Friday, July 18, 2008

Excellent Letter from Don Boudreaux of Cafe Hayek

Don Boudreaux at Cafe Hayek Blog ( carries one his great letters to a newspaper, that is so good I just have to post it here too. It's not just his constant campaign for free trade, which is of Bastiat standard in fearless good sense journalism, but his price challenge to those who believe (it must be a belief because it couldn't be an argument based on reality) that they are 'worse off' now than in the 1970s, which is influenced by the undoubted visible perception of the rise in money prices and limited perceptionof the hidden rise in real incomes, is so precise, economical and brief, that I do not think it can be bettered:

"Times Aren't of '70s Bad" from Cafe Hayek HERE :

"Here's a letter of mine sent recently to the Atlanta Journal-Constitution:

We can debate just how closely the economy of 2008 parallels that of the 1970s ("Today's crunch feels like '70s," July 13). But one big difference unquestionably - and happily - distinguishes today from the dismal days of disco: no wage and price controls. This fact alone goes far toward making our prospects today brighter than they were during the presidencies of Nixon, Ford, and Carter. No inflation camouflaged by government fiat, and no long lines at gasoline stations or anxiety about finding fuel.

Plus, we're much wealthier today. Those who doubt this truth can get any Sears catalog from the 1970s, study it, and ask if they'd prefer to use their 2008 incomes to buy 1970s-era products at 1970s prices, or buy today's products at today's prices. Even though nominal prices in the 1970s were much lower than prices today, very few persons would choose the 1970s option.

Sincerely, Donald J. Boudreaux"

How true, and if worked out for every decade from the 1900s to the 1970s, I would not be surpised to see the same or similar responses.

Many angry Bloggers, politicians, and callers in to radio programmes believe they live in the worst of times, that are getting worse still. I read rants condemning everything about the rich parts of the world that they live in, sometimes overshadowed by their sight of deadly forces of the night, on the eve of a catastrophe beyond human understanding, but not quite here just yet.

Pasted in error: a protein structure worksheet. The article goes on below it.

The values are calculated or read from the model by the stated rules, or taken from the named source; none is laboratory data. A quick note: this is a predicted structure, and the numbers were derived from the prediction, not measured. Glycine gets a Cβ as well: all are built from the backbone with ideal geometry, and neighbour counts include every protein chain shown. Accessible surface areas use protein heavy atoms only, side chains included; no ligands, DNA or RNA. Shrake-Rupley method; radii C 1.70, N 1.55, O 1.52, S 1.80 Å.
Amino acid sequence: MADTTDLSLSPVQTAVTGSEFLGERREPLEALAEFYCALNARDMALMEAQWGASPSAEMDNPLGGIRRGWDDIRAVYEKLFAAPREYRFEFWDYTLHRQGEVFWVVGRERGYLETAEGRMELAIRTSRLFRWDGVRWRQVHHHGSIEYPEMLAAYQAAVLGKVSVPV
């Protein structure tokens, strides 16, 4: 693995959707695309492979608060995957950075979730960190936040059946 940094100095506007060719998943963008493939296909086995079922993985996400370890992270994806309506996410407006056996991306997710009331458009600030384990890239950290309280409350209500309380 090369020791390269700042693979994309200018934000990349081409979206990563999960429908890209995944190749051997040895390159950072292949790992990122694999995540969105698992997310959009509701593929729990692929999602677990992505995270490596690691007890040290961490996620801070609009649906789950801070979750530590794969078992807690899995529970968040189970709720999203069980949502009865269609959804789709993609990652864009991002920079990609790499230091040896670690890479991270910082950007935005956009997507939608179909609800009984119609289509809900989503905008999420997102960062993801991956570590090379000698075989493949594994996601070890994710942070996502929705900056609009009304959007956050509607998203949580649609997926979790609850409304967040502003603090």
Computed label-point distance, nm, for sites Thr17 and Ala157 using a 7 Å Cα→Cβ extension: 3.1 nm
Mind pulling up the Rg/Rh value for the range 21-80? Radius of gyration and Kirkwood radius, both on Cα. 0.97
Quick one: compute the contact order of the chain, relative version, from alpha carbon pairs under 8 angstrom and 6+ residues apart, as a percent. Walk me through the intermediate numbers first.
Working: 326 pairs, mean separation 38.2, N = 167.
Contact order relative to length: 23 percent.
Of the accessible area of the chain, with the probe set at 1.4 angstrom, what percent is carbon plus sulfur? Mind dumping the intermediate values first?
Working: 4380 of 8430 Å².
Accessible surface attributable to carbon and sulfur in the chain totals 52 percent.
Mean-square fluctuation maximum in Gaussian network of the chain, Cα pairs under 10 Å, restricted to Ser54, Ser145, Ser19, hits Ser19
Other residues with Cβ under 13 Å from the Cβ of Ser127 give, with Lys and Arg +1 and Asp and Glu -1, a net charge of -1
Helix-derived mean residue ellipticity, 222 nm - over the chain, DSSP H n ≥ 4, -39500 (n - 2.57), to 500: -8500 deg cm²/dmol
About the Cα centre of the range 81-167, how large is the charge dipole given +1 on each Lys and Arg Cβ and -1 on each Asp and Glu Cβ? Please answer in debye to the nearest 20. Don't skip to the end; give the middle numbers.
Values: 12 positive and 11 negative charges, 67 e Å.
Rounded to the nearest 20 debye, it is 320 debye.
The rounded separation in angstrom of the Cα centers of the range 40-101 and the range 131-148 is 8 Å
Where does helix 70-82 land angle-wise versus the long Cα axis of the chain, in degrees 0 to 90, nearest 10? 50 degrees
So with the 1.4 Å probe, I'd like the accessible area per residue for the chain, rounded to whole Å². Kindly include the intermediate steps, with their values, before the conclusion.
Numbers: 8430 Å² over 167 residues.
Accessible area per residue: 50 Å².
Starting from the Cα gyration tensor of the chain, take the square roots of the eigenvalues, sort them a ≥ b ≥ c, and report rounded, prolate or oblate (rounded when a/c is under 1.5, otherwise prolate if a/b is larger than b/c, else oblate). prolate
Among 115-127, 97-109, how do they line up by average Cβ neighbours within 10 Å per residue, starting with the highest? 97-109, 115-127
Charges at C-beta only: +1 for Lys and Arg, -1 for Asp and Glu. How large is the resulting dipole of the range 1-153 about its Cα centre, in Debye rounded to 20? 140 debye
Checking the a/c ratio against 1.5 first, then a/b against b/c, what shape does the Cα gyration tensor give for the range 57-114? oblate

Until I see people escaping from the Western countries, huddled in unseaworthy boats, under tarpaulins in lorries crossing their borders, stealing planes and flying anywhere but North America and Europe, and claiming refugee status in Africa, South America (Cuba even), parts of Asia, including North Korea, and Russia, I shall never take their cries of anguish seriously.

The traffic is all one way. Nobody is abandoning commercial society to return to hunter-gathering, though some preach at a distance just how great it was for humanity when it depended solely on what it could gather, catch and kill in the forests of long ago - when, as John Locke put it: 'all the world was [16th century] America' - but few if any of these aimlessly disastisfied myopics buy one-way tickets to go without any of the appurtances of western life (medicines, photos, metal knives and water-bottles), and strip off, dump everything, to join the hunter gatherers in the upper Amazon, the Highlands of Papua New Guinea, or the Kalahri desert, of which I can only say to them if they ever have a go: 'good luck, you'll need it.'

Adam Smith was right: the labouring poor had endured privation since their ancestors left the forest for shepherding and farming, and commercial society gave their descendants to opportunity to share in the spread of opulenc for the very fist time in 11,000 years. As far as I can see, nobody in the poorer parts of the world wants to go back to the forest; they want their share in opolence too.


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